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About Swap Space

Swap space under Debian and other GNU/Linux based operating systems is a form of virtual memory. Simply put this means that if the system runs out of physical memory (RAM), then it will transfer some of the lesser used data in RAM to this space. Swap space is also fundamental to the processes of the "Suspend" and "Hibernate" features of Linux. Swap is primarily setup as a separate dedicated partition(s) (recommended) or as a specially created file(s) residing on an existing file system.

As of the Linux 2.4 kernel series, the Linux kernel can handle up to 32 separate swap partitions and or swap files at any given time. This is highly uncommon though, as hard drives are much slower than RAM. Most systems will have only swap partition, or one swap partition per instance of Linux. The most common time to setup swap is during the Debian installation process, but it can be created or modified at any time.

Note that there are kernel modules Zram and Zswap which allows compressing the swap inside RAM. Zram does not need any physical swap device.

The recommended amount of swap space has traditionally been double the amount of system memory. This has changed over time to one and half times system memory, both answers are decent baselines but are becoming less and less useful answers to the question as time passes. There are many variables about your system and intended use that will determine the available system swap you will want to have.

Things to consider when deciding how to setup swap space on your machine

  1. Do you intend to use the Hibernate and Suspend functions? If you intend to use either, you will need to ensure your available swap space is large enough to hold all information your running system will have in RAM. If you intend to use Hibernate you should ensure that your Debian installation has access to a swap partition or file that is NOT shared with another instance of GNU/Linux.
  2. How much memory does your machine have? If your machine has a large amount of RAM available to it and you don't need Hibernate or Suspend, then it will be safer to have less swap available to the system. If your machine has very little RAM available to it, such as the case in older machines and netbooks you should ensure to make a swap space that is large enough. Double the system memory would be a good suggestion in this case.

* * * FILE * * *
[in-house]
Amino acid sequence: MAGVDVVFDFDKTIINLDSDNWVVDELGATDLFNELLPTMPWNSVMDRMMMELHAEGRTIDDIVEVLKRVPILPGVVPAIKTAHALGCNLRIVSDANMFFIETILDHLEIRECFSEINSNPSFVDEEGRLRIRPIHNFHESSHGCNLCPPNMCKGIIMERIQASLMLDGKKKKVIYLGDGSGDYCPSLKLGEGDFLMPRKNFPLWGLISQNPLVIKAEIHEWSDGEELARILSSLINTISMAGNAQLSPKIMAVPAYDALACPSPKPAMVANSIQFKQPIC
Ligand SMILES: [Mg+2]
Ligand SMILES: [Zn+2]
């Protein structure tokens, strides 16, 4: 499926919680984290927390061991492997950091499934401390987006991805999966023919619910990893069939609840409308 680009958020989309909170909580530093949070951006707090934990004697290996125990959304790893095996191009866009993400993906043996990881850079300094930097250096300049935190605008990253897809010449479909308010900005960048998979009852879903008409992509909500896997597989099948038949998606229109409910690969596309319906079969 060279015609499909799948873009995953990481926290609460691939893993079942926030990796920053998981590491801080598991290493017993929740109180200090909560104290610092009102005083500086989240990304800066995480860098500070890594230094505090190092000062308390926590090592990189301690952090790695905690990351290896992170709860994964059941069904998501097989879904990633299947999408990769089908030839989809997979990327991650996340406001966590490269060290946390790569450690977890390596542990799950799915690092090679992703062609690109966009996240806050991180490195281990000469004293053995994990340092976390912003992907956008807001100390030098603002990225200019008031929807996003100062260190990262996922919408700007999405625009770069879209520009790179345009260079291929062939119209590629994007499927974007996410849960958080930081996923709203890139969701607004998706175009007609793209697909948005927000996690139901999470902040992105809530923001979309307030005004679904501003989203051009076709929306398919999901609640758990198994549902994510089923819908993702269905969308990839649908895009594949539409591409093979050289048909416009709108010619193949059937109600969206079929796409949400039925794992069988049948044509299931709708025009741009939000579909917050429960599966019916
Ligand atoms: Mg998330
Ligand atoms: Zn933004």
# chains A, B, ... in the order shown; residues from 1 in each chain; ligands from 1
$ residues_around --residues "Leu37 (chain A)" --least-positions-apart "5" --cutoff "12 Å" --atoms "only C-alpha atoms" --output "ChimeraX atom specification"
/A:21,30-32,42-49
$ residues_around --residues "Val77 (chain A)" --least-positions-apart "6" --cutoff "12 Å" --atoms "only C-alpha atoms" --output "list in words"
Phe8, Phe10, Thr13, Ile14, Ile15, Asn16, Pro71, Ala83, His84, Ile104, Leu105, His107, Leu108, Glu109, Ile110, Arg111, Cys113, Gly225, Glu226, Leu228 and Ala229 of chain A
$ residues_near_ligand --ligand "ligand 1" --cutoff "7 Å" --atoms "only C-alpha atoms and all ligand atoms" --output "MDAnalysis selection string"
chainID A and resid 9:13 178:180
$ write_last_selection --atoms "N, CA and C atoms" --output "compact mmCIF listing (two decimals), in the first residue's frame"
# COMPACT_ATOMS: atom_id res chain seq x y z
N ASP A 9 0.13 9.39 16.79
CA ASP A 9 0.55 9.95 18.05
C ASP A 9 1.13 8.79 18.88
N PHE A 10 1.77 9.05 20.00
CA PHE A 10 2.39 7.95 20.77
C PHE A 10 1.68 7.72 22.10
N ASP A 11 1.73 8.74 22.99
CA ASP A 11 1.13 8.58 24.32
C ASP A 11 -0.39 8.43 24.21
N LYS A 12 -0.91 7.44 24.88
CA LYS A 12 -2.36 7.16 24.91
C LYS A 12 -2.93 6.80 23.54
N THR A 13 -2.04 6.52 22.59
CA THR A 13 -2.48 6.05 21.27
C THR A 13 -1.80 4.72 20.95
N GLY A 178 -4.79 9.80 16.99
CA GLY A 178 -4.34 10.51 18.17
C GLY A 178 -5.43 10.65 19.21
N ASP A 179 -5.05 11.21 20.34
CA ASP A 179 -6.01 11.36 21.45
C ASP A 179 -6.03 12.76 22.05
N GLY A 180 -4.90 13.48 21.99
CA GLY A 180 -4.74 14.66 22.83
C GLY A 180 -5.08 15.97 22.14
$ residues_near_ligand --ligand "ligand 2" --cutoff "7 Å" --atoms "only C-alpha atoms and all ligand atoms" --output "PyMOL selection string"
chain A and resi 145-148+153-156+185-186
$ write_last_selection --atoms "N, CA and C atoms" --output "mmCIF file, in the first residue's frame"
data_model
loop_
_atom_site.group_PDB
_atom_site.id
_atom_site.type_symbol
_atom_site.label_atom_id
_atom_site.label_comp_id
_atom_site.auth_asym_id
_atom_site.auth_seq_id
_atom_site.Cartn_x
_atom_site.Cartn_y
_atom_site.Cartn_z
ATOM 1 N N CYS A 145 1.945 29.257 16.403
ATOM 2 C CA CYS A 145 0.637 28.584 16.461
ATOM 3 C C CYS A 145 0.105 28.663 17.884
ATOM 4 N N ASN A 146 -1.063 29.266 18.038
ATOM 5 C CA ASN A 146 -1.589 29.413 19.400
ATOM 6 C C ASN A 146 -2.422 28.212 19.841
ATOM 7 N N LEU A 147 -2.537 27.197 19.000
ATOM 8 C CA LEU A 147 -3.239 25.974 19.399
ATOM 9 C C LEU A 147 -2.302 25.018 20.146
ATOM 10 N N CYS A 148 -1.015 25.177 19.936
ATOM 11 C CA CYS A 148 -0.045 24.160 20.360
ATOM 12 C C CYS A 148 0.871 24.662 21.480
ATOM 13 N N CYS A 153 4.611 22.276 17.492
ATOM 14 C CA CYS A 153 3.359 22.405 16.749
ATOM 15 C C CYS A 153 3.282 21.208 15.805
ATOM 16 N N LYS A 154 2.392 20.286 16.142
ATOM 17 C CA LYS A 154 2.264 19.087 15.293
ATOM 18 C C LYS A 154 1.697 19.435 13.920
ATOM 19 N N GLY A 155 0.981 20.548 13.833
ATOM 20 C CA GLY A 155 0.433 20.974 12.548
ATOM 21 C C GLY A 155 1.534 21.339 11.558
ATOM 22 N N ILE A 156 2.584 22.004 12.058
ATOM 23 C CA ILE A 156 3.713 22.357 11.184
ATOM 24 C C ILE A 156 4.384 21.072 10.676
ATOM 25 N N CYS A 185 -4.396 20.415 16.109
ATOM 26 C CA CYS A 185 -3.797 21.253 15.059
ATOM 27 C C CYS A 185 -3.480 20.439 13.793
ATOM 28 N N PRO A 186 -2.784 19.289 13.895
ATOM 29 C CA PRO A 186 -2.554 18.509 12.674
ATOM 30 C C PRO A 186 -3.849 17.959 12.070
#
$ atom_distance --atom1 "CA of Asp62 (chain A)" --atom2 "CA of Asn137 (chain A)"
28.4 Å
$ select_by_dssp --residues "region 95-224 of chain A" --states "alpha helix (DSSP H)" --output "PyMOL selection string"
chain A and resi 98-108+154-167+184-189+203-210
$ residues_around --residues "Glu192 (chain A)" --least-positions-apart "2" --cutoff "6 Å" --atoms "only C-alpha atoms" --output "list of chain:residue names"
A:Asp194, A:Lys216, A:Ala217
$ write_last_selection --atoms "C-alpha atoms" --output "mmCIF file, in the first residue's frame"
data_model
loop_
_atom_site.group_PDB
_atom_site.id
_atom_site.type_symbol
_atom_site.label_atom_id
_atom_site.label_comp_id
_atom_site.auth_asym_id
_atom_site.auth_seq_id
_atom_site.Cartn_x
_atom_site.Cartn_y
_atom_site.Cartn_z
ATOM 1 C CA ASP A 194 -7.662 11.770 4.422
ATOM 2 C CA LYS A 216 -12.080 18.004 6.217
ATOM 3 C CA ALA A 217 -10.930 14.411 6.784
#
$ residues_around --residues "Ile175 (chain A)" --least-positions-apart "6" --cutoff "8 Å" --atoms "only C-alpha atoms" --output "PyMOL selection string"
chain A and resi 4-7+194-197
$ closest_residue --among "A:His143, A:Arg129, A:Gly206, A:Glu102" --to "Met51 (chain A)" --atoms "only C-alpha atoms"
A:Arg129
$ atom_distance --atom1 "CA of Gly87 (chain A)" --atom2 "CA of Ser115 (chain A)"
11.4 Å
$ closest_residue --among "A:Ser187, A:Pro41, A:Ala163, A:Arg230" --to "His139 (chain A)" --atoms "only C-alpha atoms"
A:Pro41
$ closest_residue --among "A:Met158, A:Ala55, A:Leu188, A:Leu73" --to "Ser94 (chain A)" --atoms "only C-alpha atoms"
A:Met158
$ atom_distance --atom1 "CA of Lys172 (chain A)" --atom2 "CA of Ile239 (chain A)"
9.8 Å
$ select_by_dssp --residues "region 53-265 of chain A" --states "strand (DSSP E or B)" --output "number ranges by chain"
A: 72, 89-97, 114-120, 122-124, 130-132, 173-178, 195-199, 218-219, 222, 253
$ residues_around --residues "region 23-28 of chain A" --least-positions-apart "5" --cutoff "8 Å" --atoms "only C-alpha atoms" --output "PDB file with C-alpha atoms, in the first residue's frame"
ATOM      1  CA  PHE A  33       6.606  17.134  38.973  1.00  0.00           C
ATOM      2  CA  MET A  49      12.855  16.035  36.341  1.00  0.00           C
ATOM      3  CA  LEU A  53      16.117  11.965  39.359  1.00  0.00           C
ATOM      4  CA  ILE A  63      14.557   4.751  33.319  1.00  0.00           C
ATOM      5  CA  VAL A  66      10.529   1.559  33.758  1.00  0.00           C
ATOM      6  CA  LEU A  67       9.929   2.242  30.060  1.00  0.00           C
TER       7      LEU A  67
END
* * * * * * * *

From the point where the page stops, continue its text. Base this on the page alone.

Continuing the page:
3. How much memory will be taken by the applications you intend to run? The memory usage of a Debian GNU/Linux system will vary greatly on the applications you choose to run. For instance, running a lighter weight desktop environment such as Openbox or Xfce and their associated applications will use less memory than GNOME or KDE.
  4. How much hard disk do you have available? If using a small solid state disk or USB key for the installation of Debian this hard disk space might be at a premium. In such cases it might make more sense to install more system memory if needed than use a large swap space. This also has the benefit of speeding up the system, as the read/write speed of hard disks is much slower than RAM.

In the end, if your machine runs out of both RAM and swap space then the system will crash. This has lead to the simplistic but safe answer of use a swap space that is "double the amount of system memory".

Creating and modifying swap on an existing machine